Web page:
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Black notables making theAffordable Care Act happen: Chiquita Brooks-LaSure

Chiquita Brooks Black notables making theAffordable Care Act happen: Chiquita Brooks LaSure

Chiquita Brooks-LaSure

Black notables making theAffordable Care Act happen: Chiquita Brooks-LaSure

By Candace Y.A. Montague

One in a series spotlighting African Americans who are playing an integral part in implementing the historic Affordable Care Act.

Meet Chiquita Brooks-La-Sure, deputy director for policy and regulation at the Center for Consumer Information and Insurance Oversight.

Explain your role in implementing the Affordable Care Act.

I’ve been an integral part of the Affordable Care Act from the beginning. Before I came to the Department of Health and Human Services, I worked on the Hill for the House Ways & Means Committee, one of the committees responsible for crafting the healthcare law. I now work to help implement healthcare reform.

One important piece of the Affordable Care Act is the market reforms, which will be fully in effect in 2014. They ensure that individuals are no longer discriminated against because of health status, medical history, gender, etc., and work to provide consumers with the financial resources to obtain coverage. I work on implementing the market reforms and the new Health Insurance Marketplace, where people can purchase coverage.

What’s your favorite feature of the Affordable Care Act as it relates to Blacks and marginalized people?

So many aspects affect African Americans. The most exciting is that uninsured Americans will now be able to get health coverage. A lot of the discussion is often around certain types of services and care — these are key parts of improving health outcomes and eliminating health disparities. But one of the key causes of health disparities is lacking access to insurance, and African Americans are far less likely to be insured.

Lack of health insurance is linked to less optimal health outcomes. That, to me, is a transformative part of our health care starting next year. Individuals will have a variety of options, and there really will be a way for people to get insured. There are other important pieces, such as preventive services and collecting data about care. But I am the most excited about the availability of coverage for all Americans.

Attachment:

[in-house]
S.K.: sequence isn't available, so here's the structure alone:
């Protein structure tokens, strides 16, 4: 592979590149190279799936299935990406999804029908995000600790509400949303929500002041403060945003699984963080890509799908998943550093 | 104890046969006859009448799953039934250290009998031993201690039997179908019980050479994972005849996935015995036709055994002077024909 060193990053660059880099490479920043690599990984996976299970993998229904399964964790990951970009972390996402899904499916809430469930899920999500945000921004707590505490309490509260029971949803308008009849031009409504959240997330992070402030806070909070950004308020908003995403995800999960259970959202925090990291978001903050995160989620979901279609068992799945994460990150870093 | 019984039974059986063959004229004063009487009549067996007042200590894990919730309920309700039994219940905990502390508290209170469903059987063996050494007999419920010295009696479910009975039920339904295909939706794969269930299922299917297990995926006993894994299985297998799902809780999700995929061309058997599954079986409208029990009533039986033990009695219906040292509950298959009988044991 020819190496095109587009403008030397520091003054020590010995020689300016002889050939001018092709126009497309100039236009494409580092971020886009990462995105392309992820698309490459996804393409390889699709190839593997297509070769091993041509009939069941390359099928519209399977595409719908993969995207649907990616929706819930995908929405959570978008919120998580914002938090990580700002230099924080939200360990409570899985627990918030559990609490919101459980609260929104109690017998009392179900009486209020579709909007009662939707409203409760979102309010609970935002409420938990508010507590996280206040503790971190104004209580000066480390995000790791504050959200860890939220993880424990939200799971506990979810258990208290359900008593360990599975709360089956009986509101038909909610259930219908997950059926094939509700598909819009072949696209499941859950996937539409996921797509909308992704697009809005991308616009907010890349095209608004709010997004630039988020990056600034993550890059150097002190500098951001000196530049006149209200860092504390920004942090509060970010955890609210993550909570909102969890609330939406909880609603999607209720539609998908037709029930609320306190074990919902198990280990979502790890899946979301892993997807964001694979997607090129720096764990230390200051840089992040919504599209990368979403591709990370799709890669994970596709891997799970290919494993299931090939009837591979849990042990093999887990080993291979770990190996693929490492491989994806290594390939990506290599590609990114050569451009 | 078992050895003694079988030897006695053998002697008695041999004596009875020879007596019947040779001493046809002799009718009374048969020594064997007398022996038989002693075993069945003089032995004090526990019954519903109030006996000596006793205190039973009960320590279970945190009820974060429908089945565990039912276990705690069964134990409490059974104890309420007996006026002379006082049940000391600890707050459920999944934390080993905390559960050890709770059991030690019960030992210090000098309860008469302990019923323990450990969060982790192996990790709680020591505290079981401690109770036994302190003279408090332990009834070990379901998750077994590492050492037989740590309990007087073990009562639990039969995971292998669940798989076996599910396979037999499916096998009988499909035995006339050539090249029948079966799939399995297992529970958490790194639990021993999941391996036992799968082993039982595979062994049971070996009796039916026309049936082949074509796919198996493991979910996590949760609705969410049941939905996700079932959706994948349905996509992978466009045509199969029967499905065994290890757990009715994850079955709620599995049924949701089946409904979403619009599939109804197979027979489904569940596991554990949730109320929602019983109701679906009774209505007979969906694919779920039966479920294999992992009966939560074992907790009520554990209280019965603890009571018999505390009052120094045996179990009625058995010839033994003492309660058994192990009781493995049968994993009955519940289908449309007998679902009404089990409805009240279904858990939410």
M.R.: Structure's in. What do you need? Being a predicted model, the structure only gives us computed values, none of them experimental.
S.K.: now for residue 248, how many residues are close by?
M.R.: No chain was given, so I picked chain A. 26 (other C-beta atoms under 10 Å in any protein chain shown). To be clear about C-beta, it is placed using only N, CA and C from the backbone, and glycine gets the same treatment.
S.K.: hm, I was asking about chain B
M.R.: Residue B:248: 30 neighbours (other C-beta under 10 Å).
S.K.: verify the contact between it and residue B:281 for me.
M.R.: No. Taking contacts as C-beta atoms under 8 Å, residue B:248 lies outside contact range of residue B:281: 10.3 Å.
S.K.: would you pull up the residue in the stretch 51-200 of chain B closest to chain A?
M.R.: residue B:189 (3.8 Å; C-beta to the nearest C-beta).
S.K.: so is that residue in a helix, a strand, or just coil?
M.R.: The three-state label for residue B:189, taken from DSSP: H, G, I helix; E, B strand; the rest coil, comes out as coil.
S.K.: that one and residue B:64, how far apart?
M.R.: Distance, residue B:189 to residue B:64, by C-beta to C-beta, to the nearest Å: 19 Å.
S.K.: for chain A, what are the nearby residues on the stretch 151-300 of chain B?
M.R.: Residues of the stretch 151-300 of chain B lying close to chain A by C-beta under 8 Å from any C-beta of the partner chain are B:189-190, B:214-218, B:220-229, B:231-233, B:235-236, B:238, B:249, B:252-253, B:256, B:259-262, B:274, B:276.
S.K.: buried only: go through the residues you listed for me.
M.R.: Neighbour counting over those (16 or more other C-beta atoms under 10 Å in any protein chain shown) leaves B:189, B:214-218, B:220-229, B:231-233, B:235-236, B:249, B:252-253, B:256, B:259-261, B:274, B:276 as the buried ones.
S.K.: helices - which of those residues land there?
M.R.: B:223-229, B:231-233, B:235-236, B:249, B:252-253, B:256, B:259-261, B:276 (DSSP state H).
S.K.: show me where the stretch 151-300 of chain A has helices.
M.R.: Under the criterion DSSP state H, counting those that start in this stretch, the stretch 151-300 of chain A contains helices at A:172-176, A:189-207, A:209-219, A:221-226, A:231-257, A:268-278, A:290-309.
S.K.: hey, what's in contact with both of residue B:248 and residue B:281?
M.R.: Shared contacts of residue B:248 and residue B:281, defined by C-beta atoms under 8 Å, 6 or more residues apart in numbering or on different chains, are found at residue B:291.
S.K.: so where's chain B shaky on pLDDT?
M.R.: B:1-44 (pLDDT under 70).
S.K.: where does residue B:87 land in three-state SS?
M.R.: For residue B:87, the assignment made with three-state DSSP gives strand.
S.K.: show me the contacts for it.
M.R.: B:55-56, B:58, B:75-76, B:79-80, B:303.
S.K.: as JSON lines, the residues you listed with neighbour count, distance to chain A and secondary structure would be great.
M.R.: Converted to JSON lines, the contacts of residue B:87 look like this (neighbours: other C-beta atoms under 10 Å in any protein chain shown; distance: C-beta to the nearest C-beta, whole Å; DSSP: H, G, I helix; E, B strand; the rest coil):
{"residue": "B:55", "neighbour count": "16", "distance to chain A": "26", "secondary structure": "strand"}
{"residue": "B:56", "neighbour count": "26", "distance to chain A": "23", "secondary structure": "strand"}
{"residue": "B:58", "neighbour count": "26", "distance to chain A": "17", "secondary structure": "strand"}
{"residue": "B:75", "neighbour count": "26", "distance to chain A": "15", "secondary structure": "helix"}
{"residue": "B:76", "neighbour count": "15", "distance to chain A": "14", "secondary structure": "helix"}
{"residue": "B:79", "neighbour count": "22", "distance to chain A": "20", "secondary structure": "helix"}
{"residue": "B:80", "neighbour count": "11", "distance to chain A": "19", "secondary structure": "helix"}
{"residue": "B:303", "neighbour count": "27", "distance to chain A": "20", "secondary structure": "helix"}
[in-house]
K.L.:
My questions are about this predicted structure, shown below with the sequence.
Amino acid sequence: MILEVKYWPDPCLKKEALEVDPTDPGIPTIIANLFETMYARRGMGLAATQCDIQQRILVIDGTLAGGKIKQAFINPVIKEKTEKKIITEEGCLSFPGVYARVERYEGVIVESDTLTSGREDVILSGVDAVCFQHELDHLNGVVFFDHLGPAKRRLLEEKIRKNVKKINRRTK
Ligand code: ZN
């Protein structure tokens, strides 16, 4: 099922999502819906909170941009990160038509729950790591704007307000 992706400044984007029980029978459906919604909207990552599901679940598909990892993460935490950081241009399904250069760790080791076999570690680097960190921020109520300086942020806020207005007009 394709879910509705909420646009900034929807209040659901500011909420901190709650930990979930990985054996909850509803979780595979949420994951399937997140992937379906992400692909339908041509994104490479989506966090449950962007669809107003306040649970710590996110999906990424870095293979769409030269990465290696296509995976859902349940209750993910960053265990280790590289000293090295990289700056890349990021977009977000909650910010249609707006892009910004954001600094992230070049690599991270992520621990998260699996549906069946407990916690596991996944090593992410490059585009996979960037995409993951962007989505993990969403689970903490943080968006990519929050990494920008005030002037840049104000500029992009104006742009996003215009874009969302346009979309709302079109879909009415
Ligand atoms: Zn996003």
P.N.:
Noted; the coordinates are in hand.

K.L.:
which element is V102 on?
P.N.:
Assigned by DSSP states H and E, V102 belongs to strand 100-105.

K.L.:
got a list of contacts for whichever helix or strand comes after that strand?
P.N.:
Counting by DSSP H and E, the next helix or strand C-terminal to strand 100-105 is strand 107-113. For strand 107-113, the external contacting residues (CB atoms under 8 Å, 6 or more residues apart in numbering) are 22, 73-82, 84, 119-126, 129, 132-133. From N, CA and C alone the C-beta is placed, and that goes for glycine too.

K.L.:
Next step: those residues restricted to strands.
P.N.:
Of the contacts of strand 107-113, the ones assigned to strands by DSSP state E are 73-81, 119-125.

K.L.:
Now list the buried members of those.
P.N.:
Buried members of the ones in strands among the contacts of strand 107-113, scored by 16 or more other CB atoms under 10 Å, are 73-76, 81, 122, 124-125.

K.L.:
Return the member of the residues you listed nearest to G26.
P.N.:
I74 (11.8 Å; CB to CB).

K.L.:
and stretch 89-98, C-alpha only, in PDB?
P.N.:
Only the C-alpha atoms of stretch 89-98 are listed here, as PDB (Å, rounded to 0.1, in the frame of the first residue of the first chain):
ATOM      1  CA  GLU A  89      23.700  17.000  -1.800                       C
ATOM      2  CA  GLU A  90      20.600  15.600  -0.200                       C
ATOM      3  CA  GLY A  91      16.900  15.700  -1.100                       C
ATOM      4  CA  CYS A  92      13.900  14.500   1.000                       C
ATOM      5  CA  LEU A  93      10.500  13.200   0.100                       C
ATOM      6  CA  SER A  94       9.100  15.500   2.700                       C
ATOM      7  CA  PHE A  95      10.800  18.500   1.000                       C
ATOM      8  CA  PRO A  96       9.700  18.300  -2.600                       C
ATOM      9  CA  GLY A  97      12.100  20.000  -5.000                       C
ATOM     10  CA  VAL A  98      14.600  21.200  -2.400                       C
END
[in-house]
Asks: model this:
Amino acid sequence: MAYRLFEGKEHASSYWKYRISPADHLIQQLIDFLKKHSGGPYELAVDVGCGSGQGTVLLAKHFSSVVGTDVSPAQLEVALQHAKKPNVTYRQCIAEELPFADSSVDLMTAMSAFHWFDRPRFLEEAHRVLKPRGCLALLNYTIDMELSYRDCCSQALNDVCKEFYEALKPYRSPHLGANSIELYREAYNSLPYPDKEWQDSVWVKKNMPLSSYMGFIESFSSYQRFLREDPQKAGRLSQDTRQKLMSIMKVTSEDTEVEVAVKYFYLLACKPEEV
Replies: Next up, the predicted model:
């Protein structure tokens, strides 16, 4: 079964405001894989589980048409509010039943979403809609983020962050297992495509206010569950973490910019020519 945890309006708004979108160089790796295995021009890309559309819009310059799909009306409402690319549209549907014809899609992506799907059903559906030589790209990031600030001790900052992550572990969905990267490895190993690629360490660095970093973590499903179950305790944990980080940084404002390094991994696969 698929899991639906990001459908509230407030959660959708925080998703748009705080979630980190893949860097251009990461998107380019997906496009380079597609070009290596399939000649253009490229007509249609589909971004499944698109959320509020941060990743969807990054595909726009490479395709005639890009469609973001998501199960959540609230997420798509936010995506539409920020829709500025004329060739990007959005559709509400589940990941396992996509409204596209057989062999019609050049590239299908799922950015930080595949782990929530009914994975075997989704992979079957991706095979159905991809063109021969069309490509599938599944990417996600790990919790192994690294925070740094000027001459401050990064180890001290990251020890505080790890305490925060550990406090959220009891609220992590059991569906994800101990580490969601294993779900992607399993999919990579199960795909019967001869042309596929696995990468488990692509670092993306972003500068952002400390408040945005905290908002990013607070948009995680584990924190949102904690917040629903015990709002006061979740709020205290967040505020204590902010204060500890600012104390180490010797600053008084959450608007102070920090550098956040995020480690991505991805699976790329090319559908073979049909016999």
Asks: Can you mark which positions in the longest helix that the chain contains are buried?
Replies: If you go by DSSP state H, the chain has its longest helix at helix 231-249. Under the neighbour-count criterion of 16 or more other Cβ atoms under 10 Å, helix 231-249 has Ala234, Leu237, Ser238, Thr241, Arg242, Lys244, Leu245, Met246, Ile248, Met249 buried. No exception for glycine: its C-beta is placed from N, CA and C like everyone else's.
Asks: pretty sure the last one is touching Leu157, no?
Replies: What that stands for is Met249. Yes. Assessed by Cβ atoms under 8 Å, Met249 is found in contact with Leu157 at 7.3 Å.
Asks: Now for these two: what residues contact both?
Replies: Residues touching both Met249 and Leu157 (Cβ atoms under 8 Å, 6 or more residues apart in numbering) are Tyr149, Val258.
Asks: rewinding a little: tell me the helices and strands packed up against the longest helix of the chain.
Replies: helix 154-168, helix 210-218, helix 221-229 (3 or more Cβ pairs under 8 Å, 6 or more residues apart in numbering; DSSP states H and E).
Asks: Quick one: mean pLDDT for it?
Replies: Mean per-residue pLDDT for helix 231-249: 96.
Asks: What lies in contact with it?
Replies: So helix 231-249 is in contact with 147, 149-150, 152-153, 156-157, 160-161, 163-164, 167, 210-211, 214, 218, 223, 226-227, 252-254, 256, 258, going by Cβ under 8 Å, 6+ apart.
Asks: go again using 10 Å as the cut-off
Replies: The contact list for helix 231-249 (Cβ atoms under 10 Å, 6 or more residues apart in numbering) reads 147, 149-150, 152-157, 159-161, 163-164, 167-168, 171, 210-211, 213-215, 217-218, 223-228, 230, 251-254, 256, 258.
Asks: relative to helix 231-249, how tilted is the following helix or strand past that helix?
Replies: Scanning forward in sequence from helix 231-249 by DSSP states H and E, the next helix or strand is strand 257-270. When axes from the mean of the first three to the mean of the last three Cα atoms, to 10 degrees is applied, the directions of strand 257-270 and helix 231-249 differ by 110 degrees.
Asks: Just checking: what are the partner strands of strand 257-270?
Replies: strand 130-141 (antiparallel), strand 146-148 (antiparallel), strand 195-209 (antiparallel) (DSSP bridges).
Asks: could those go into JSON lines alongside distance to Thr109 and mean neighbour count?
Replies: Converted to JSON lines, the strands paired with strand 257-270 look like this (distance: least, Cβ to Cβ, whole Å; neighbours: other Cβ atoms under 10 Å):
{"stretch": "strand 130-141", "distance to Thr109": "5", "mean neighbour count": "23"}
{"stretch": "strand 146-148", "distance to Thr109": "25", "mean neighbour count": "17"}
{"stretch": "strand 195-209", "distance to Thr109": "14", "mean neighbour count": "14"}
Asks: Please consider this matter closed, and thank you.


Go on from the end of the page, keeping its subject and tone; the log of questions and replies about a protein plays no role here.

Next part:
Are there any drugs that are used to treat HIV that will no longer be covered by Medicare?

The Essential Health Benefits portion of the Affordable Care Act applies to private health insurance plans, so it doesn’t affect the Medicare program directly. Our regulations allow plans some flexibility, but they must cover at least one drug in every class, as well as the number of drugs in a benchmark plan.

The coverage is very similar to what Medicare Part D covers, but there are some differences. An individual can always get an exception. If the doctor prescribes a drug that isn’t covered by the plan, there is a very rapid process to make sure people have access to all the clinically appropriate drugs. The vast majority of benchmark plans cover all the AIDS drugs.

Candace Y.A. Montague is a freelance health writer in Washington, D.C. She is the D.C. HIV/AIDS examiner for Examiner.com and a blogger for The Body. She also contributes to The Grio and East of the River.

 

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